3. As you approach retirement, is this something both of you knew you wanted to do for quite some time?
Yes, we spent the past few years taking long walks in the forest, envisioning just how we will travel again after our retirement. There was no doubt that we would, but we weren’t sure whether we wanted to get some kind of an RV, or continue traveling as we did before with a combination of camping, hotels, and rentals. We ended up choosing a campervan that was suitable for road trips, especially with our dog, Emma. We decided to buy the van before we retire and try it out on a couple of trips. It was a good call since we needed to postpone our retirement a bit and were able to enjoy both travel and work (sometimes simultaneously). We love the freedom and flexibility of hopping in the van and going on a trip without booking places to stay. Once we actually retire, we will be able to go for longer and even more flexible trips.
4. Do you have any family considerations that would make it difficult for you to travel for extended periods? (Parents, children, grandchildren, pets?)
No, we are empty nesters. Our daughters are all grown up. I mentioned before that we had horses, which really limited our ability to travel, but now that they are gone, it is no longer a constraint. We still live on the farm, which is a small piece of paradise and requires a bit of upkeep, but other than that, we are free to travel.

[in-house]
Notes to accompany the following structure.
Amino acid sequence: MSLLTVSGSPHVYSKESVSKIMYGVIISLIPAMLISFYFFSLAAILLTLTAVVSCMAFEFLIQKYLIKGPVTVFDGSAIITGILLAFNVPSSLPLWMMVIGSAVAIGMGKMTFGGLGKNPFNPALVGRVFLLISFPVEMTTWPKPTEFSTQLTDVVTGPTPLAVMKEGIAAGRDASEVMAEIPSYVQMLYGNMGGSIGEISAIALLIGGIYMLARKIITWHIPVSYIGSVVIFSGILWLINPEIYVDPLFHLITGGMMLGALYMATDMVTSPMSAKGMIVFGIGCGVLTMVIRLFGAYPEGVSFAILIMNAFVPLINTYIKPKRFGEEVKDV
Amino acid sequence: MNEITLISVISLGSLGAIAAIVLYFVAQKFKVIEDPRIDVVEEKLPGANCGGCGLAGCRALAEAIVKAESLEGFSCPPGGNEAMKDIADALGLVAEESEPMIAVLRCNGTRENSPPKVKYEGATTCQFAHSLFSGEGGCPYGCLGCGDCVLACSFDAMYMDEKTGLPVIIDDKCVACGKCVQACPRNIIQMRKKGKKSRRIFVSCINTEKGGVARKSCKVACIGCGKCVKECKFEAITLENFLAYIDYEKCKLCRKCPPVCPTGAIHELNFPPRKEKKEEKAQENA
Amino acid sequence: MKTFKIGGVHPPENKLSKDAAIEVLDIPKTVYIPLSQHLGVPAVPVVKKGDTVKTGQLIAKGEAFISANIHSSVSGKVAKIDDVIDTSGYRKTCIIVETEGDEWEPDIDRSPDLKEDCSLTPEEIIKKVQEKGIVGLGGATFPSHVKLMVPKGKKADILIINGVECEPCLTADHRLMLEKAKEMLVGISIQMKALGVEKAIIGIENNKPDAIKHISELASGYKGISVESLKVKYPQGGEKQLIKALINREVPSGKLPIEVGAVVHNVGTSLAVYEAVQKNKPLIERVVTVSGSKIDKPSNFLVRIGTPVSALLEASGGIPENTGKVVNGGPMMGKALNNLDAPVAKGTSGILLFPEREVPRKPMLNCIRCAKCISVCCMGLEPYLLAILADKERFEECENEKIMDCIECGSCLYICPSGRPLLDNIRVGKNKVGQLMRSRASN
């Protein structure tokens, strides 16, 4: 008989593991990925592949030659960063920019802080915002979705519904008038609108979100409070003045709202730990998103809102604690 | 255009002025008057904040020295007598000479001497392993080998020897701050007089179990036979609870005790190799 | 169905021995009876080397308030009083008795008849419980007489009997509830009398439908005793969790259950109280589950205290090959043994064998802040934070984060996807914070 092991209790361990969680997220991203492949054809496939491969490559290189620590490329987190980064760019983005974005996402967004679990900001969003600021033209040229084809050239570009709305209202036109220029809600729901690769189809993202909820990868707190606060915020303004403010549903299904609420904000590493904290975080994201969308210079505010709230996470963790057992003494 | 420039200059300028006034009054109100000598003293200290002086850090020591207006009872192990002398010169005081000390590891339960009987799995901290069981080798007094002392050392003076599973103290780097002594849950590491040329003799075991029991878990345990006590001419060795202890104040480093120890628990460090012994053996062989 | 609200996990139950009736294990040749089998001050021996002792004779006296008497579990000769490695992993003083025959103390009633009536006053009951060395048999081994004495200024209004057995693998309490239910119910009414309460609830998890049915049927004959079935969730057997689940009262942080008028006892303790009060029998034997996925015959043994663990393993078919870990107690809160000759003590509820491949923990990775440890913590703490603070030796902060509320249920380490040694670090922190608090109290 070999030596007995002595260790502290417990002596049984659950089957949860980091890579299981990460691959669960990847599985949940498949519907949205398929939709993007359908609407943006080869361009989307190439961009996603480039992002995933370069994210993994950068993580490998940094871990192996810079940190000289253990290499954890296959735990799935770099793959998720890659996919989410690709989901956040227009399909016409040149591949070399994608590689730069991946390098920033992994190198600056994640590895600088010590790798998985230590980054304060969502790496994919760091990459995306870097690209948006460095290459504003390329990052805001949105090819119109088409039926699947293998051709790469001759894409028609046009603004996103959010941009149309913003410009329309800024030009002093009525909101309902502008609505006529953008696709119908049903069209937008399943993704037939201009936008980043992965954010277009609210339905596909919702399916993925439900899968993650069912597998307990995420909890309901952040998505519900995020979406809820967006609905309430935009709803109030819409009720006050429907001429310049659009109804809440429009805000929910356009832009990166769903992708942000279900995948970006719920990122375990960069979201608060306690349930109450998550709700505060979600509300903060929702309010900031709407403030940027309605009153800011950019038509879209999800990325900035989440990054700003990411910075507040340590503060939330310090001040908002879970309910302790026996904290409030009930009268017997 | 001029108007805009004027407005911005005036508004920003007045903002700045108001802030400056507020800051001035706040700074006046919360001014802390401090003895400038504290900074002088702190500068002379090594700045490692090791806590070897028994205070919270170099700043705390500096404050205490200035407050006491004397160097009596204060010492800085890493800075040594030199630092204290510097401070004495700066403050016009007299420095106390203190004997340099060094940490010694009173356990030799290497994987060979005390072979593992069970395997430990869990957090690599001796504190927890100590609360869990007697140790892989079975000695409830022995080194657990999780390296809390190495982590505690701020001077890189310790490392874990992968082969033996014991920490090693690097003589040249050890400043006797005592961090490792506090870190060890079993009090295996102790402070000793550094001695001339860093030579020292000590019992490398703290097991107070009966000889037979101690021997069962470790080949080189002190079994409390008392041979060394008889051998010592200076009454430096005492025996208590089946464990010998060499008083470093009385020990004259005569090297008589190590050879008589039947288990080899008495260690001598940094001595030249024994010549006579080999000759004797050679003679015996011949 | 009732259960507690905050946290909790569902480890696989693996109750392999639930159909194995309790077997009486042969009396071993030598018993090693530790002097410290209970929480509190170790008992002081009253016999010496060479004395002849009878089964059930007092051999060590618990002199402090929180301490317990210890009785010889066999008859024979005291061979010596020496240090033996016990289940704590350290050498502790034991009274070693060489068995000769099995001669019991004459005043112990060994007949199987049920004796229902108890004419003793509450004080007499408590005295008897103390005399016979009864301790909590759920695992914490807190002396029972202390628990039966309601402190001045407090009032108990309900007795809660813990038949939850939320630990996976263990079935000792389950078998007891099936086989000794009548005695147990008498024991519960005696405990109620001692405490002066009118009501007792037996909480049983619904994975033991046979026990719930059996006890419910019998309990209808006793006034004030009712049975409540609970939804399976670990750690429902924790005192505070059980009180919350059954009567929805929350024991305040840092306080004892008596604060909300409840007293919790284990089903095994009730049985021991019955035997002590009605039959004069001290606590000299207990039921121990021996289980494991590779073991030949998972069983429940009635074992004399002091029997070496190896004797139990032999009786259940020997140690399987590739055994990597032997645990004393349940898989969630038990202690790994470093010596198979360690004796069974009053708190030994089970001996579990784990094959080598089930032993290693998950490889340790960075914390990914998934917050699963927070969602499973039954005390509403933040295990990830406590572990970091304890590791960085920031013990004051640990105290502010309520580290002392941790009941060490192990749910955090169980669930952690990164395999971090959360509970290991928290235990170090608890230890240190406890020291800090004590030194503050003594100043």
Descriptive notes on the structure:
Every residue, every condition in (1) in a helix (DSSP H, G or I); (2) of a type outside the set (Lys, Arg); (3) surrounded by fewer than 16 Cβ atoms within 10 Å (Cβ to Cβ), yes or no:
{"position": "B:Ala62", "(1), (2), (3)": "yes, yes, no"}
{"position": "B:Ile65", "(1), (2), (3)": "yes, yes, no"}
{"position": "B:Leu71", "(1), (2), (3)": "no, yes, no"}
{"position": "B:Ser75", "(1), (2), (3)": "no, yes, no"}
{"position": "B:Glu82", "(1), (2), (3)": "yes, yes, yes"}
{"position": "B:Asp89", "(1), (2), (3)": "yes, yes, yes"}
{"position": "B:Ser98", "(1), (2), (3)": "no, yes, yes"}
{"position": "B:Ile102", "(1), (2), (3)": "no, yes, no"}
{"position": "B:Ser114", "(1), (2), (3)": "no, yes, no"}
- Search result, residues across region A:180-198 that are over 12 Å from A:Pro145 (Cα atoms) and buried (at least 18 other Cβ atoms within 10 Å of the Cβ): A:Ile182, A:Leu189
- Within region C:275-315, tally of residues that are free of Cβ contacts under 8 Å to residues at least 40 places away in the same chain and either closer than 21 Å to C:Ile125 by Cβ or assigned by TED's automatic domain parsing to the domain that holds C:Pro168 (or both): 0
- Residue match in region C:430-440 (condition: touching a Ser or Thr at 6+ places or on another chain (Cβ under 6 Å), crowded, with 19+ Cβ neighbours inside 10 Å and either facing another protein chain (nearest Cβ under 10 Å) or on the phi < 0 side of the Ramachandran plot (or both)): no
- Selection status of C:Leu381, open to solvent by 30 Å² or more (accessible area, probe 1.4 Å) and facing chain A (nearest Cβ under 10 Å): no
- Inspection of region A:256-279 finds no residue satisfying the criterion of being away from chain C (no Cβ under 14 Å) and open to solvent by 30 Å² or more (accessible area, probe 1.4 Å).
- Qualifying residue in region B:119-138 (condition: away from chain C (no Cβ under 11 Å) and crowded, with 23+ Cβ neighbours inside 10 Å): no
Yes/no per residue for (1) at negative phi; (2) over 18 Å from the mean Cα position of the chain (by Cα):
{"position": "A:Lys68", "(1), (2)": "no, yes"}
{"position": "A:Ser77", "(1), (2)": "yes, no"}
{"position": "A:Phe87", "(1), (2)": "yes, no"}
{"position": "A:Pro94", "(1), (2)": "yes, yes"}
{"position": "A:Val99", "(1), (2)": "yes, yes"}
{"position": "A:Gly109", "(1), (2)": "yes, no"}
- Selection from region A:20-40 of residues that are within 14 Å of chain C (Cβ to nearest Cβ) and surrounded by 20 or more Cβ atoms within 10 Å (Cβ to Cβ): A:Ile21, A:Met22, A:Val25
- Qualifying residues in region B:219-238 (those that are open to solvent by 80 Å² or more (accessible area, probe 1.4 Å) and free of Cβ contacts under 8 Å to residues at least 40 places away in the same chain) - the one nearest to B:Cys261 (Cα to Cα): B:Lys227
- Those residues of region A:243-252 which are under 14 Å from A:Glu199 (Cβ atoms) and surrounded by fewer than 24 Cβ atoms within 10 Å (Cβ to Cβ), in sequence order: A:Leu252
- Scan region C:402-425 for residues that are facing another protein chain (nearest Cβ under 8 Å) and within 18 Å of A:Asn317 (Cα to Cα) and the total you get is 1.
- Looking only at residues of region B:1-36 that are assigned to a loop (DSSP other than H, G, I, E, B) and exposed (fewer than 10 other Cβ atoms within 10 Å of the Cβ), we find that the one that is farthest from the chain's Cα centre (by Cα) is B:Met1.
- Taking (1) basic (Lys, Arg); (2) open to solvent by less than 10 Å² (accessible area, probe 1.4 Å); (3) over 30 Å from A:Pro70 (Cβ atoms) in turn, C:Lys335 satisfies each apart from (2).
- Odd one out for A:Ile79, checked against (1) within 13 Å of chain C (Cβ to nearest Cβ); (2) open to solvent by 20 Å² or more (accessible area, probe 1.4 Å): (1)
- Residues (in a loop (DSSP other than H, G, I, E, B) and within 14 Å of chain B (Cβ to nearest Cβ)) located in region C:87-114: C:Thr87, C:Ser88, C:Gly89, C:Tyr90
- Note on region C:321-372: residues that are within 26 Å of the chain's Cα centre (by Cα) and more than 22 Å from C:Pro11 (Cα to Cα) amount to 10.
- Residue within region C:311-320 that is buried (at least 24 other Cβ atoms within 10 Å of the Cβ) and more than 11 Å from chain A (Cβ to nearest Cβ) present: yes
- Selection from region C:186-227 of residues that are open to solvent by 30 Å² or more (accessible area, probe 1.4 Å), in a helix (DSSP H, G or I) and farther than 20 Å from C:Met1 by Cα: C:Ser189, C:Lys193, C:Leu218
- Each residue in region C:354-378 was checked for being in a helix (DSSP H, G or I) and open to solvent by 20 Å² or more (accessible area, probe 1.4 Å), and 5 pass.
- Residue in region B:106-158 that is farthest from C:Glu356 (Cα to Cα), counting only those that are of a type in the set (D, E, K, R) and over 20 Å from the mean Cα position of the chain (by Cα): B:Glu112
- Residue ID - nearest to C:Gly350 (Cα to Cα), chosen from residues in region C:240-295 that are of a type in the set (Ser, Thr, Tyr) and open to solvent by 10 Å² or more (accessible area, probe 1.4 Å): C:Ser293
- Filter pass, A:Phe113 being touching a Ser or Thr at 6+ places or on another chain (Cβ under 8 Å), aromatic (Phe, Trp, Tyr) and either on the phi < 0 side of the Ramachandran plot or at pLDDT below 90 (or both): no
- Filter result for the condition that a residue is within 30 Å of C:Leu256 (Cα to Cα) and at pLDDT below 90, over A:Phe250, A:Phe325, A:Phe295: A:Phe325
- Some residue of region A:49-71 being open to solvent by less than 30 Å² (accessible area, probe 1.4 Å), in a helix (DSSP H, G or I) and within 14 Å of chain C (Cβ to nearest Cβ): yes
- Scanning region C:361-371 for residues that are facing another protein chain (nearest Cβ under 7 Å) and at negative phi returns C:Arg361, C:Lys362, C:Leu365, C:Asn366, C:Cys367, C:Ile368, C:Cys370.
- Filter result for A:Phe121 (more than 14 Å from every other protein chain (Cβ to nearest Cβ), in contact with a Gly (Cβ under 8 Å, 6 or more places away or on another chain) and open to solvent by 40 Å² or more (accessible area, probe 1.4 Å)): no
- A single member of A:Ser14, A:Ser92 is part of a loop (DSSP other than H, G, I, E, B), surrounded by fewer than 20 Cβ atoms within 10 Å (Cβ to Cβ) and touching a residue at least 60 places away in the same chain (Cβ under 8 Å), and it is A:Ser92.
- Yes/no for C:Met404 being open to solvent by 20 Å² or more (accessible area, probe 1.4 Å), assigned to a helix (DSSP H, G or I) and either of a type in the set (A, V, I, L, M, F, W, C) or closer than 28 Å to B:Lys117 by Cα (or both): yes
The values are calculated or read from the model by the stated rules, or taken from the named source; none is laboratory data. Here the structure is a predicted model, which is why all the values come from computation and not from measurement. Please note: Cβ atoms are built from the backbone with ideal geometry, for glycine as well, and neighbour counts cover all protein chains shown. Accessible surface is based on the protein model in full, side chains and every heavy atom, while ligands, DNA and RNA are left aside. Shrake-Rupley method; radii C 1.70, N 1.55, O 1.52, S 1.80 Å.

A bit of a side story is that our youngest daughter moved back to Canada from England, and our grand plan was that they will live in our house while we travel. As best laid plans go, COVID-19 happened just after they arrived, and we had to stay put, keeping them in captivity with us. Luckily we all get along!
Having Emma with us had some travel limitations, and when she got sick, it was even harder (think having a dog that has the runs in an RV park…). She passed away a year ago, and although it freed us to go into every museum that we wish to and for as long as we want, we miss her dearly. The only obstacle between travel and us is the COVID-19 travel restrictions, but we will ride it out and be ready to roll as soon as we can!
5. Where have been some of your favorite places to visit so far? Why?
This list can be very long! We’ll try and come up with a few frontrunners.
The Far East was an incredible place to visit, trekking in Nepal, visiting Burma when you could only get a visa for one week (we tried to see as much as we could during this short time) and living and working in Japan were all incredible experiences for us. The desert is one of our favorite places to visit, and we spent some time in the Mojave Desert boondocking in our van.
We hiked in the several deserts in Israel and in the high desert in Colorado—all amazing places that we hope to write about.
One of the most special places that we had visited in Canada is the Island of Newfoundland; the landscape, the people, and the unique culture captivated us, and we would love to go back one day!
We mentioned working during travel, and one of the most enjoyable things we did was work as extras in a movie in the Philippines. All the extras were trucked to a location in the mountains where we went to war in a Santiago post-apocalyptic movie. We made life-long friends during that time, which made it special. It will always be associated with that place, and both become extra special.
6. Your blog is called Back Roads and Other Stories. Does the title of your blog give away that you enjoy visiting rural or lesser-known places?